Time to stop the bickering on climate change

BBC NEWS | Science/Nature | Warming ‘already changing world’
The Intergovernmental Panel on Climate Change (IPCC) report, due to be published today, will make the case that of 29,000 pieces of data on observed changes in physical and biological aspects of the natural world, 85% are consistent with a warming world.

I met some Americans recently who put forward the view that global warming was still an unproven phenomenum. They were not trying to advance a political agenda — it was just that this is what they understood to be the balance of scientific opinion.

Ten years ago, it was probably legitimate to say that the jury was still out on climate change — although the likelihood was far greater than that of an asteroid hitting the earth, which was something that NASA was actively investigating at the time. Five years ago you had to be fairly stubborn if you wanted to maintain the view that it wasn’t happening. As of today, it is, in many respects, the most likely thing in the world.


We still have not learned the art of Middle Eastern Diplomacy

BBC NEWS | World | Middle East | Iranians release British sailors

During the Iraq war, amid all the tragi-comedy of Comical Ali and the daily briefings which got further and further from any sense of reality, most of us overlooked something which should have been the key to our Middle Eastern future. It was something very simple: every day Saddam Hussein could take his pick of any one of his ministers able to give a briefing in English. Neither Britain nor the USA was able to put up a single minister or military leader who could brief Al Jazeera or any part of the Arab press in Arabic.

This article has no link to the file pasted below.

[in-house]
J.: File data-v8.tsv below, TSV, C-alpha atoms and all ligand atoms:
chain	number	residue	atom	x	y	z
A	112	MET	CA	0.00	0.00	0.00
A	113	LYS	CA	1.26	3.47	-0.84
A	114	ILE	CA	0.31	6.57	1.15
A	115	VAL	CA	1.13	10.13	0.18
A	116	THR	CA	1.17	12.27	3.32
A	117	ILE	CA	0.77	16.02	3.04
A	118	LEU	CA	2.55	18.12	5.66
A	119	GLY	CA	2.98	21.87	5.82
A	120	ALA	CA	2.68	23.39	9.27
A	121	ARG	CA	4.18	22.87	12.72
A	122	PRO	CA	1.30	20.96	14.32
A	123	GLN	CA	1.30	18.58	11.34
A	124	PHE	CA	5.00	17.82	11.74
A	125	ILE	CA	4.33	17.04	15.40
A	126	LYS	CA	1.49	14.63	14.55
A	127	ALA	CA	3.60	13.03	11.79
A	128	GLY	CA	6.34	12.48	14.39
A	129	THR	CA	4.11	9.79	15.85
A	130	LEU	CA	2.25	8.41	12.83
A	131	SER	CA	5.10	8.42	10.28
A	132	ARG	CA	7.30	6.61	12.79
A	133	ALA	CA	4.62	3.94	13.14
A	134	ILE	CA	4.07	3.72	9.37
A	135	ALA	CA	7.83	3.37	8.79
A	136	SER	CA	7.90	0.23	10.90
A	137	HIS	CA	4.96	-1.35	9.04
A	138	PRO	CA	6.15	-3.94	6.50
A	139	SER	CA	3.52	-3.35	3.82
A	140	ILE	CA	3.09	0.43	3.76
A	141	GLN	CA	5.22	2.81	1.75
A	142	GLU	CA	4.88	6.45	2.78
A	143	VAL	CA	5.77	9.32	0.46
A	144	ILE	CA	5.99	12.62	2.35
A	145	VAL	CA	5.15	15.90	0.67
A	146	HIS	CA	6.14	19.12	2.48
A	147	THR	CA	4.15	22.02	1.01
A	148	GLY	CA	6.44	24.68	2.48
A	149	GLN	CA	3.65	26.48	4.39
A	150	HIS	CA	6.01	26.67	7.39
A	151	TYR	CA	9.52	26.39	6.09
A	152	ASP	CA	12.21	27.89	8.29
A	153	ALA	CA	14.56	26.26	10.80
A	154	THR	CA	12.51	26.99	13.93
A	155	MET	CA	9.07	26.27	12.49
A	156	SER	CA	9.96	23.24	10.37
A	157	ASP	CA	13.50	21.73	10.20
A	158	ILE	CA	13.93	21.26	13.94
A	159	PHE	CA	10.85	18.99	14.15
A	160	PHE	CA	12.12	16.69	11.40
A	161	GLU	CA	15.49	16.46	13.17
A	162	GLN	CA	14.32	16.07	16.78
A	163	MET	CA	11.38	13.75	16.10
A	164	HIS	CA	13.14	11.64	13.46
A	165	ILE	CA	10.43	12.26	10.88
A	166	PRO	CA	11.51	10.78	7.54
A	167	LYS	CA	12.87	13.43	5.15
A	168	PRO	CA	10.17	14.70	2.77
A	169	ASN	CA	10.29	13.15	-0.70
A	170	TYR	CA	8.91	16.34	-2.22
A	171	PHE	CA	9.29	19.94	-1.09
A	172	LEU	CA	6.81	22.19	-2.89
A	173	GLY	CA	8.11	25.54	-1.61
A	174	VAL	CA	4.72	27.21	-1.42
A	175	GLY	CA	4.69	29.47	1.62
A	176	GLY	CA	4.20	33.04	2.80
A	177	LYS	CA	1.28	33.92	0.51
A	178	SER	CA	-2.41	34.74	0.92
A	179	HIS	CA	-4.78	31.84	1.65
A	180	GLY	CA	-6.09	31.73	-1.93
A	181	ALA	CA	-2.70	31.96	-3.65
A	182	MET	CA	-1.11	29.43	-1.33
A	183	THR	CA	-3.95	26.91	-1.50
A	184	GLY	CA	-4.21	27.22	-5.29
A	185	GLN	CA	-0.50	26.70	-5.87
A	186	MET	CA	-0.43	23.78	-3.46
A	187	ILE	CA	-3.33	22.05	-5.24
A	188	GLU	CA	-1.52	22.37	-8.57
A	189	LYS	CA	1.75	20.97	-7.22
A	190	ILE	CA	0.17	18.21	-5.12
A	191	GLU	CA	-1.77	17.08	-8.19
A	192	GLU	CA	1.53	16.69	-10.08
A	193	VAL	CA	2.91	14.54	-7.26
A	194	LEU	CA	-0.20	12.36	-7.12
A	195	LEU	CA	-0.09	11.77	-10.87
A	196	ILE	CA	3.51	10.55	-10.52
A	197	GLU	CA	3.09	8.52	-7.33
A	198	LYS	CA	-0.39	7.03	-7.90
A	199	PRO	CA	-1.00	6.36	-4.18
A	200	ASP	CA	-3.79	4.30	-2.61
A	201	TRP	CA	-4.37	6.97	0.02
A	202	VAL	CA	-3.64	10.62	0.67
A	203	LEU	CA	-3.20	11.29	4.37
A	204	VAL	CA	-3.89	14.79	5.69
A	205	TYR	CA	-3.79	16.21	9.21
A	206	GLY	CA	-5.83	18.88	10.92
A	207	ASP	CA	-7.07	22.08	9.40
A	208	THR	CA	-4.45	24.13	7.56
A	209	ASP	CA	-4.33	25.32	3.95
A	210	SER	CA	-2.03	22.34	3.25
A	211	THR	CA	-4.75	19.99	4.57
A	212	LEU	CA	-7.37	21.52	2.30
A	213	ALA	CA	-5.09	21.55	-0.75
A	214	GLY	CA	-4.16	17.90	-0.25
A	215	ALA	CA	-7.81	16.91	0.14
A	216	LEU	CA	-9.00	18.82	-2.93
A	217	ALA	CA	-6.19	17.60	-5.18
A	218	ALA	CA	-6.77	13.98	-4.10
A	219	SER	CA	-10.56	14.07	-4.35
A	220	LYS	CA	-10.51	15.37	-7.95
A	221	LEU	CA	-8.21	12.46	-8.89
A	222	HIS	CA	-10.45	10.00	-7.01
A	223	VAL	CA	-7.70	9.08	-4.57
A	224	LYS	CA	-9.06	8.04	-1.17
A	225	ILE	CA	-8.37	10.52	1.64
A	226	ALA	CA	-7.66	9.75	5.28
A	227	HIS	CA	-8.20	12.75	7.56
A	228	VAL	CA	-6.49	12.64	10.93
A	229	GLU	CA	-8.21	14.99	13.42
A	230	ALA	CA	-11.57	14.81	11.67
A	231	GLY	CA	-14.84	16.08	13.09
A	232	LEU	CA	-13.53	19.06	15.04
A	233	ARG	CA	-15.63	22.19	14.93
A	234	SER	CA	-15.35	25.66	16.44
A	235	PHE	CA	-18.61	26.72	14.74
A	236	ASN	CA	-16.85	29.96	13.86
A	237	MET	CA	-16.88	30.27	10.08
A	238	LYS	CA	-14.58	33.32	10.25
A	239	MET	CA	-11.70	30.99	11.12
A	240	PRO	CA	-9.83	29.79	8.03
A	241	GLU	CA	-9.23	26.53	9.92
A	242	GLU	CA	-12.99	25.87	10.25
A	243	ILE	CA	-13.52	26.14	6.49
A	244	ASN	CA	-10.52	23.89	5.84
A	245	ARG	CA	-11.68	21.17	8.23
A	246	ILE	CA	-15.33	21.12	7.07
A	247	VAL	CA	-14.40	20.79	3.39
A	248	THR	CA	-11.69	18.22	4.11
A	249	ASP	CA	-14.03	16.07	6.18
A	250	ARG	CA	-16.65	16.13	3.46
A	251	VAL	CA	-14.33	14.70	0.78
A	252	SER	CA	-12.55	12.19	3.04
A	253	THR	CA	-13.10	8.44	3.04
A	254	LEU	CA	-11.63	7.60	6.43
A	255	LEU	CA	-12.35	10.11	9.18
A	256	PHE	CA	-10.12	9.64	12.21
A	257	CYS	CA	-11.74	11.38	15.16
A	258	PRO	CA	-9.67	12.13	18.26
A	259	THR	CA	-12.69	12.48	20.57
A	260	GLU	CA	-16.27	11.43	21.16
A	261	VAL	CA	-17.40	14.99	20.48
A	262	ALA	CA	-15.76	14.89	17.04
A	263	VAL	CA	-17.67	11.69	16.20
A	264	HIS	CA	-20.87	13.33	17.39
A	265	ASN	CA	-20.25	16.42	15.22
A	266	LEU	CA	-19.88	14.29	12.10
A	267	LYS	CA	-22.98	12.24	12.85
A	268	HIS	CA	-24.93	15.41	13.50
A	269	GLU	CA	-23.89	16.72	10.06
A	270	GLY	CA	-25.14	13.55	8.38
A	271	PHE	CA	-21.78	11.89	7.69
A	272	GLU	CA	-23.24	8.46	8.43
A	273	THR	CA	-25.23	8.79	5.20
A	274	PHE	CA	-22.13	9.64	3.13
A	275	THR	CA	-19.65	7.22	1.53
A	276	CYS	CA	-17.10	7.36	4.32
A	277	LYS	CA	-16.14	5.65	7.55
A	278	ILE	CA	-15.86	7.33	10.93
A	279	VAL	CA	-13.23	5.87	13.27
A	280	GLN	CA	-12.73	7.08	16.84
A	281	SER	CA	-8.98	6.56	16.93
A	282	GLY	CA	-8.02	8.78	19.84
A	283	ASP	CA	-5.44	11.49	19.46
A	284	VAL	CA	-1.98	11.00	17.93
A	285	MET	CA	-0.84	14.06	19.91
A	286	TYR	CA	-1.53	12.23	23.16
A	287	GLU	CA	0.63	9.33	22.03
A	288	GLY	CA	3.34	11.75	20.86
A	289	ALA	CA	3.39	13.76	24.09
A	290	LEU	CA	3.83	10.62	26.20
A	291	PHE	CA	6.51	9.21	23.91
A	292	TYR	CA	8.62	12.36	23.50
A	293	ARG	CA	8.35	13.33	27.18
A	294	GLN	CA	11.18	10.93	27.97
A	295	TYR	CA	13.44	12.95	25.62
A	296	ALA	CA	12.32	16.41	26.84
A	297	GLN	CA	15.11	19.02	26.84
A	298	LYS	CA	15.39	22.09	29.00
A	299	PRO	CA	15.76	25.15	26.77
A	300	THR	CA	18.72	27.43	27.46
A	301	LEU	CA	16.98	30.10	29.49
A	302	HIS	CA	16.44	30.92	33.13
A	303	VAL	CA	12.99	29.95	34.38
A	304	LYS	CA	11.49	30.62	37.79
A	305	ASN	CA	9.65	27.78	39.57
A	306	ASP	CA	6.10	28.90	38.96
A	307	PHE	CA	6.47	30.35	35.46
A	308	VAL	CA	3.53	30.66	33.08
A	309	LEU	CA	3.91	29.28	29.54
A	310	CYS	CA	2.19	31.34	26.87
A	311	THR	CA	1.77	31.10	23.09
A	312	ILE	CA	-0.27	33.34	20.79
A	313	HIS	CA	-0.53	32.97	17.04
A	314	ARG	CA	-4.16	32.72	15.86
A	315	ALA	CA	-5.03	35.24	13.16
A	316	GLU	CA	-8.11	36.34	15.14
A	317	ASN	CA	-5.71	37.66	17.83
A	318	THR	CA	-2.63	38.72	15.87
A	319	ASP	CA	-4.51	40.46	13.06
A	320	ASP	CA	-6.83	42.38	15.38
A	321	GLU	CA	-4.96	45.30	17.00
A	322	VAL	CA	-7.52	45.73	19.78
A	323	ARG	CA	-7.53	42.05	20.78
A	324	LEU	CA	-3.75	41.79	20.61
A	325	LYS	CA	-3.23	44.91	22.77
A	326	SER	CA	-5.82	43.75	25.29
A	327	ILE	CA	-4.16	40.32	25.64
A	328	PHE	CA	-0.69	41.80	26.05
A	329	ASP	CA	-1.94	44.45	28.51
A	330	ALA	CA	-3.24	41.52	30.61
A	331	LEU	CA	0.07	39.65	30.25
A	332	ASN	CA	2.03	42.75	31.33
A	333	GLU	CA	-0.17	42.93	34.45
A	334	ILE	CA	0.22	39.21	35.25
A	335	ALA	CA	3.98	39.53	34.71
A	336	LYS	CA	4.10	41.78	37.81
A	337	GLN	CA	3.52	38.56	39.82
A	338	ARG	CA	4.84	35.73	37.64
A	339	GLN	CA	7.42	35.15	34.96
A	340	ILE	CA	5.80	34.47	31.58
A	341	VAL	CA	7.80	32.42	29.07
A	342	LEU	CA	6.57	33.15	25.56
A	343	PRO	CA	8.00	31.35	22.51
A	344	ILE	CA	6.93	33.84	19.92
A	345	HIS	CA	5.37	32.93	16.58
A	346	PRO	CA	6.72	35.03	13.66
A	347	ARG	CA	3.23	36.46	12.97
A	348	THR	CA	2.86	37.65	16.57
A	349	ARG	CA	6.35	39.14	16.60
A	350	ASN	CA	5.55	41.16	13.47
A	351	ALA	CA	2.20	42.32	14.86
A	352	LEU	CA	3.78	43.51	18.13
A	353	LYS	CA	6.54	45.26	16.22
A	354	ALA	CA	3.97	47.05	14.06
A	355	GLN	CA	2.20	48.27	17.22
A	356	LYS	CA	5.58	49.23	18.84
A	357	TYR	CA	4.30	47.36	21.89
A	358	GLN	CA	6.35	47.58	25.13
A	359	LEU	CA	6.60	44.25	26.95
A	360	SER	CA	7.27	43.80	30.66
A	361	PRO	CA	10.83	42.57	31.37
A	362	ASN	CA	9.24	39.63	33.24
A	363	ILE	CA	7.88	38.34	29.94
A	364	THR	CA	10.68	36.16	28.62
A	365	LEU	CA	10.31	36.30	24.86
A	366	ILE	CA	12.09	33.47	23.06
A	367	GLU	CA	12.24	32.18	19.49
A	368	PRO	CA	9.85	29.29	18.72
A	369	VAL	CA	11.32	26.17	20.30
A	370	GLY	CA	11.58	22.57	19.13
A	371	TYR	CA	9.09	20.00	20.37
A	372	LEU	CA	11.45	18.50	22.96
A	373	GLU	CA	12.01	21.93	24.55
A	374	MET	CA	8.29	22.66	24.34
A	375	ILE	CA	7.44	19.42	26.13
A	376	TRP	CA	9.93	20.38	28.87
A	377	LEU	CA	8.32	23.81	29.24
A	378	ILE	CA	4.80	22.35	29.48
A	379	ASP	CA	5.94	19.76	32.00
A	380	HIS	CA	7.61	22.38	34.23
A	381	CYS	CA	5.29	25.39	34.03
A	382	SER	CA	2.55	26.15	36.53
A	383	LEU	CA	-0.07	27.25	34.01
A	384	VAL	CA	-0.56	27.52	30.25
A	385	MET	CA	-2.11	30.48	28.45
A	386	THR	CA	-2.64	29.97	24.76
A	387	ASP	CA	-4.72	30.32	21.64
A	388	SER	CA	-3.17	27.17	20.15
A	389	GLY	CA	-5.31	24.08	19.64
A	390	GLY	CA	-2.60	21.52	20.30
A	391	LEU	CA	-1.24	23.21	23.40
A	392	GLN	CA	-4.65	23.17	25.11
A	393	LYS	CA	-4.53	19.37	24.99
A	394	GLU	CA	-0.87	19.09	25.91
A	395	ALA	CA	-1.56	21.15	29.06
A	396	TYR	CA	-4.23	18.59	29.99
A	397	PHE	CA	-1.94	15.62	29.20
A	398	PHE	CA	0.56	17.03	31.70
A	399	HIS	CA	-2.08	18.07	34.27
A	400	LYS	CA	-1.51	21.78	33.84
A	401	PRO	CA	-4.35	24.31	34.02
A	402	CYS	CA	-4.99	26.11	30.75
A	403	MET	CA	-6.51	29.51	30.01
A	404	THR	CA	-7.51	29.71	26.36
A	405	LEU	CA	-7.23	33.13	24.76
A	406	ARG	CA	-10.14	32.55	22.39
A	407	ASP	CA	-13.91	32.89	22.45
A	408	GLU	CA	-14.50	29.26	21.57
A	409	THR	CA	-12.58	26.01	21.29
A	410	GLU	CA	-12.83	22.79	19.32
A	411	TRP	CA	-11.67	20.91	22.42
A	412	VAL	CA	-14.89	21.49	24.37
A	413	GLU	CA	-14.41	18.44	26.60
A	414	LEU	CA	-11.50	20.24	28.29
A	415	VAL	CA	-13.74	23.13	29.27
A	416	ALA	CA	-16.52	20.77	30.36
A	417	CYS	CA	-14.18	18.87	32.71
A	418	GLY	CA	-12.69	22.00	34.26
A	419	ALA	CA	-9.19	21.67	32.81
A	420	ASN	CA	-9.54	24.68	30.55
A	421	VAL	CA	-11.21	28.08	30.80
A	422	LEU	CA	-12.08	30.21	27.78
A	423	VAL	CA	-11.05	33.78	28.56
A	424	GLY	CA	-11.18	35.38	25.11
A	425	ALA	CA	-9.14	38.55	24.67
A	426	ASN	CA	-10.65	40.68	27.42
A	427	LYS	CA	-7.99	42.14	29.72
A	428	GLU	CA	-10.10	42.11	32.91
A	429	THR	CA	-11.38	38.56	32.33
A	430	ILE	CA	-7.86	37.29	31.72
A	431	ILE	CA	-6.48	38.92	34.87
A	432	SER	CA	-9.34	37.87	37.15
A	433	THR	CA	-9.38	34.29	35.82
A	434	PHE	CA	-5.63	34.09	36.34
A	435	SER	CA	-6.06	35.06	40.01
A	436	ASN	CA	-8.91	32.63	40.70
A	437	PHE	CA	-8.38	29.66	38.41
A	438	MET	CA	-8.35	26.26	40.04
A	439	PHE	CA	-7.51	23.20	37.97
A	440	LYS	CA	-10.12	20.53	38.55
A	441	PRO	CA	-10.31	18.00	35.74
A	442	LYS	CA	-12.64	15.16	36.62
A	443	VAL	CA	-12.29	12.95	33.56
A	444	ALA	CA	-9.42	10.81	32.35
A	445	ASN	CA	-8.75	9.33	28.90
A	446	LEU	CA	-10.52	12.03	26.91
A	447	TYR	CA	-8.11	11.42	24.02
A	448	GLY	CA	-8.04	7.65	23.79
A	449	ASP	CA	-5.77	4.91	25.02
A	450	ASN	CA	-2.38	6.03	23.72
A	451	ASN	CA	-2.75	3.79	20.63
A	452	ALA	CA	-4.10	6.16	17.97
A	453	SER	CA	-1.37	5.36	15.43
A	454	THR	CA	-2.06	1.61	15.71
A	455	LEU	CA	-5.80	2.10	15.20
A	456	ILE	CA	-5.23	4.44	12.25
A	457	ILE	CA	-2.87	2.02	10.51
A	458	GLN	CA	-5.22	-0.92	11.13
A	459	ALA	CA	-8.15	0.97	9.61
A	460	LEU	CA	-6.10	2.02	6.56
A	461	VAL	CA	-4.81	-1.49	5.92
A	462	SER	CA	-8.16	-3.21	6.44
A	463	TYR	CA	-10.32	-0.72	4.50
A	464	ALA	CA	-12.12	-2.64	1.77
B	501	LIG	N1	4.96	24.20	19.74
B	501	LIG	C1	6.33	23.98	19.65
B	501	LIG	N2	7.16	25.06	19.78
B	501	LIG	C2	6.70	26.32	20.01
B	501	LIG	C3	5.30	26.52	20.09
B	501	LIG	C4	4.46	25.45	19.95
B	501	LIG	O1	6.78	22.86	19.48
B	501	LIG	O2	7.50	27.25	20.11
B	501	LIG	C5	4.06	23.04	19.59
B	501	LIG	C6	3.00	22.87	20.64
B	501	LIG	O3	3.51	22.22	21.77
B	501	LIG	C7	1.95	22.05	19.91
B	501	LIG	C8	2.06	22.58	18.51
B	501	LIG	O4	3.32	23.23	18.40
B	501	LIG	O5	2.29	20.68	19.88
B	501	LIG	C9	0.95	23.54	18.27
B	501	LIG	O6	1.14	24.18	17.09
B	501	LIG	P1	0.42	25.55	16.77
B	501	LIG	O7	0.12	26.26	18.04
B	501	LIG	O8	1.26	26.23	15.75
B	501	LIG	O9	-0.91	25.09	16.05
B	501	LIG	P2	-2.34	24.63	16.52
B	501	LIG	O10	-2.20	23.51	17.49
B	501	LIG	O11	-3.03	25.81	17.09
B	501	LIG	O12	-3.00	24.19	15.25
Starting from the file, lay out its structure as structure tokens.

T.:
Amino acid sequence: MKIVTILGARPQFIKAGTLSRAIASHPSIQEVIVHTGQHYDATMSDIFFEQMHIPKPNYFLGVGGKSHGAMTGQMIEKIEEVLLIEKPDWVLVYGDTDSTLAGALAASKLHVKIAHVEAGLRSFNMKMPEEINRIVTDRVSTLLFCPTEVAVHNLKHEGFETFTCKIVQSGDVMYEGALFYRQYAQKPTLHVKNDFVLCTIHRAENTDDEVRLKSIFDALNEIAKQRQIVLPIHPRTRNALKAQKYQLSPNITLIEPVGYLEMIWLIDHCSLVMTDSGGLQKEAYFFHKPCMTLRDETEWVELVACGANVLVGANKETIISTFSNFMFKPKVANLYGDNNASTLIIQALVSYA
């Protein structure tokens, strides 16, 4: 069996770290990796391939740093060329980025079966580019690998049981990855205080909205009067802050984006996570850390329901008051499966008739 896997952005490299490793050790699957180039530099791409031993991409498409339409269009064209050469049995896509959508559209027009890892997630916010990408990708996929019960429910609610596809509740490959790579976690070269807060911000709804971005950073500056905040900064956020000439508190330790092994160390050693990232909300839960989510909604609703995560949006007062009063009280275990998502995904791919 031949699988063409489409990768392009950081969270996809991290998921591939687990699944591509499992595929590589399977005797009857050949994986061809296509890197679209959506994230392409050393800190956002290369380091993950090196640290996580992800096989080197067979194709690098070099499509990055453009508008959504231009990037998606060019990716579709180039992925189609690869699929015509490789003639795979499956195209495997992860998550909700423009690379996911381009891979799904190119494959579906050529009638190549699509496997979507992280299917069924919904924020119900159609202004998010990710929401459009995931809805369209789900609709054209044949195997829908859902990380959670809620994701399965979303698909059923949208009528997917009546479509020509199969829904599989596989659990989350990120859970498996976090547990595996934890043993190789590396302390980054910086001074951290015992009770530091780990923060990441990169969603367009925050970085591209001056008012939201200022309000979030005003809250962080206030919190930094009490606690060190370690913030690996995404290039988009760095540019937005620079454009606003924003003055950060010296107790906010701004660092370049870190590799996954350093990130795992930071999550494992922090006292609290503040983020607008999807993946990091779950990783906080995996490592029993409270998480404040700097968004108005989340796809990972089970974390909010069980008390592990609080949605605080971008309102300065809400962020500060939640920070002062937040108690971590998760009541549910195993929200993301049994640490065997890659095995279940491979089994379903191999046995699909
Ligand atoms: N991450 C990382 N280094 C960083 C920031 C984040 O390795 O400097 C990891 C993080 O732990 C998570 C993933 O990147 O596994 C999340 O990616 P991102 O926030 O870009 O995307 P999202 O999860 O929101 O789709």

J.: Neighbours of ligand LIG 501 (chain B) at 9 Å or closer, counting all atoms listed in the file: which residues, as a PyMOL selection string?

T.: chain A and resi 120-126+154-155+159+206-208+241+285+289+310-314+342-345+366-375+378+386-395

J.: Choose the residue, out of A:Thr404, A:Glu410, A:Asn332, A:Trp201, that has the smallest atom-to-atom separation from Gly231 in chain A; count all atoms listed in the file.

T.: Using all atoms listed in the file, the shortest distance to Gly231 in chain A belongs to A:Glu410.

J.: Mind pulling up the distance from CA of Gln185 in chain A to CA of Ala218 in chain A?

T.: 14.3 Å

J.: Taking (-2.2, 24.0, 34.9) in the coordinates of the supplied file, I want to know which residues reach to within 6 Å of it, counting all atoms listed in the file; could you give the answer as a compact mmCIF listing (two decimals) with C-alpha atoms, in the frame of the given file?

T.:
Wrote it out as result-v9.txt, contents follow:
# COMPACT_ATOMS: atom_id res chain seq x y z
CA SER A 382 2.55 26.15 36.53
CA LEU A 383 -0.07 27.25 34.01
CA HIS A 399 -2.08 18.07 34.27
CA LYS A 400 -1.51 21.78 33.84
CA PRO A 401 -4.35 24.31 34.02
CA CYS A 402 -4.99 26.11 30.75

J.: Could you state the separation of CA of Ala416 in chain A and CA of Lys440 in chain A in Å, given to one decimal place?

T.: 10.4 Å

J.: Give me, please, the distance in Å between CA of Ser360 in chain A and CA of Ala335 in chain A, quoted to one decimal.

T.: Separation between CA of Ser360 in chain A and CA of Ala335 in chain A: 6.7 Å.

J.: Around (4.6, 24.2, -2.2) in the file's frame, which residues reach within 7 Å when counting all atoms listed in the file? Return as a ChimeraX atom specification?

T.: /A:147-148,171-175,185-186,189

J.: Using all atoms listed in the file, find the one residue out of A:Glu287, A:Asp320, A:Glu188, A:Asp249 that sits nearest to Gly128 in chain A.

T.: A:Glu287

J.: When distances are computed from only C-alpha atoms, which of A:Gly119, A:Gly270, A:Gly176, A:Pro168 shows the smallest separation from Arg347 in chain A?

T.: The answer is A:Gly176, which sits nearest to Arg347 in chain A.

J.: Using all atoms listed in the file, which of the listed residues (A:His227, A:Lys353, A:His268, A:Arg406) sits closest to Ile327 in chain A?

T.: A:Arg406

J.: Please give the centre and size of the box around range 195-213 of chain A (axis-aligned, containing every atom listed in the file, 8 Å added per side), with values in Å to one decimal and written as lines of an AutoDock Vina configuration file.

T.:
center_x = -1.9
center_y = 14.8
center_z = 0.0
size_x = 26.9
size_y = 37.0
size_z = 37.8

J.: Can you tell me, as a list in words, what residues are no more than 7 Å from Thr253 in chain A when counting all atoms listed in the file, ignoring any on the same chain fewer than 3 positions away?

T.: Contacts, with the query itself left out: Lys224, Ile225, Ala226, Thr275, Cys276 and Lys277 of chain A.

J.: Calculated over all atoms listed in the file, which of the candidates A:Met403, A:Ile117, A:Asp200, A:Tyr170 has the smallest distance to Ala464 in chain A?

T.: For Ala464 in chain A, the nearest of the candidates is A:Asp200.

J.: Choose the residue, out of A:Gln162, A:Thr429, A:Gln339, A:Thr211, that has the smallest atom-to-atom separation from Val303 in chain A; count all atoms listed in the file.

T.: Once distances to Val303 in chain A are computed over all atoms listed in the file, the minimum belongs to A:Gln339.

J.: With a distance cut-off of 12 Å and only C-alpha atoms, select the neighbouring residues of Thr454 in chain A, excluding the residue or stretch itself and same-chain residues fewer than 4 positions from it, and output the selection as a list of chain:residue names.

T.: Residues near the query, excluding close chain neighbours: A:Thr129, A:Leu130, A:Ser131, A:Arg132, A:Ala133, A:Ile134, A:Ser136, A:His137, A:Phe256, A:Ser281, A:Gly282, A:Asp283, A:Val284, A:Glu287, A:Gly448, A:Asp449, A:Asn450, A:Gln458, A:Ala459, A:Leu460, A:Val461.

Freedom Sunday — why I entered politics

Today is Freedom Sunday, 25 March 2007, the 200th anniversary of the abolition of the slave trade in the British Empire, and the focus of a new generation of campaigners against the modern slave trade. It coincides with the release of the film Amazing Grace recounting the life of William Wilberforce. Wilberforce was a politician who became an evangelical Christian and then dedicated his life to a programme of social reforms, the most famous of which — and at the time the most unpopular and controversial — was the abolition of slavery.

Wilberforce stands as a powerful example to both Christians and to politicians. But it was not the example of Wilberforce, but direct contact with human trafficking, which brought me into politics.

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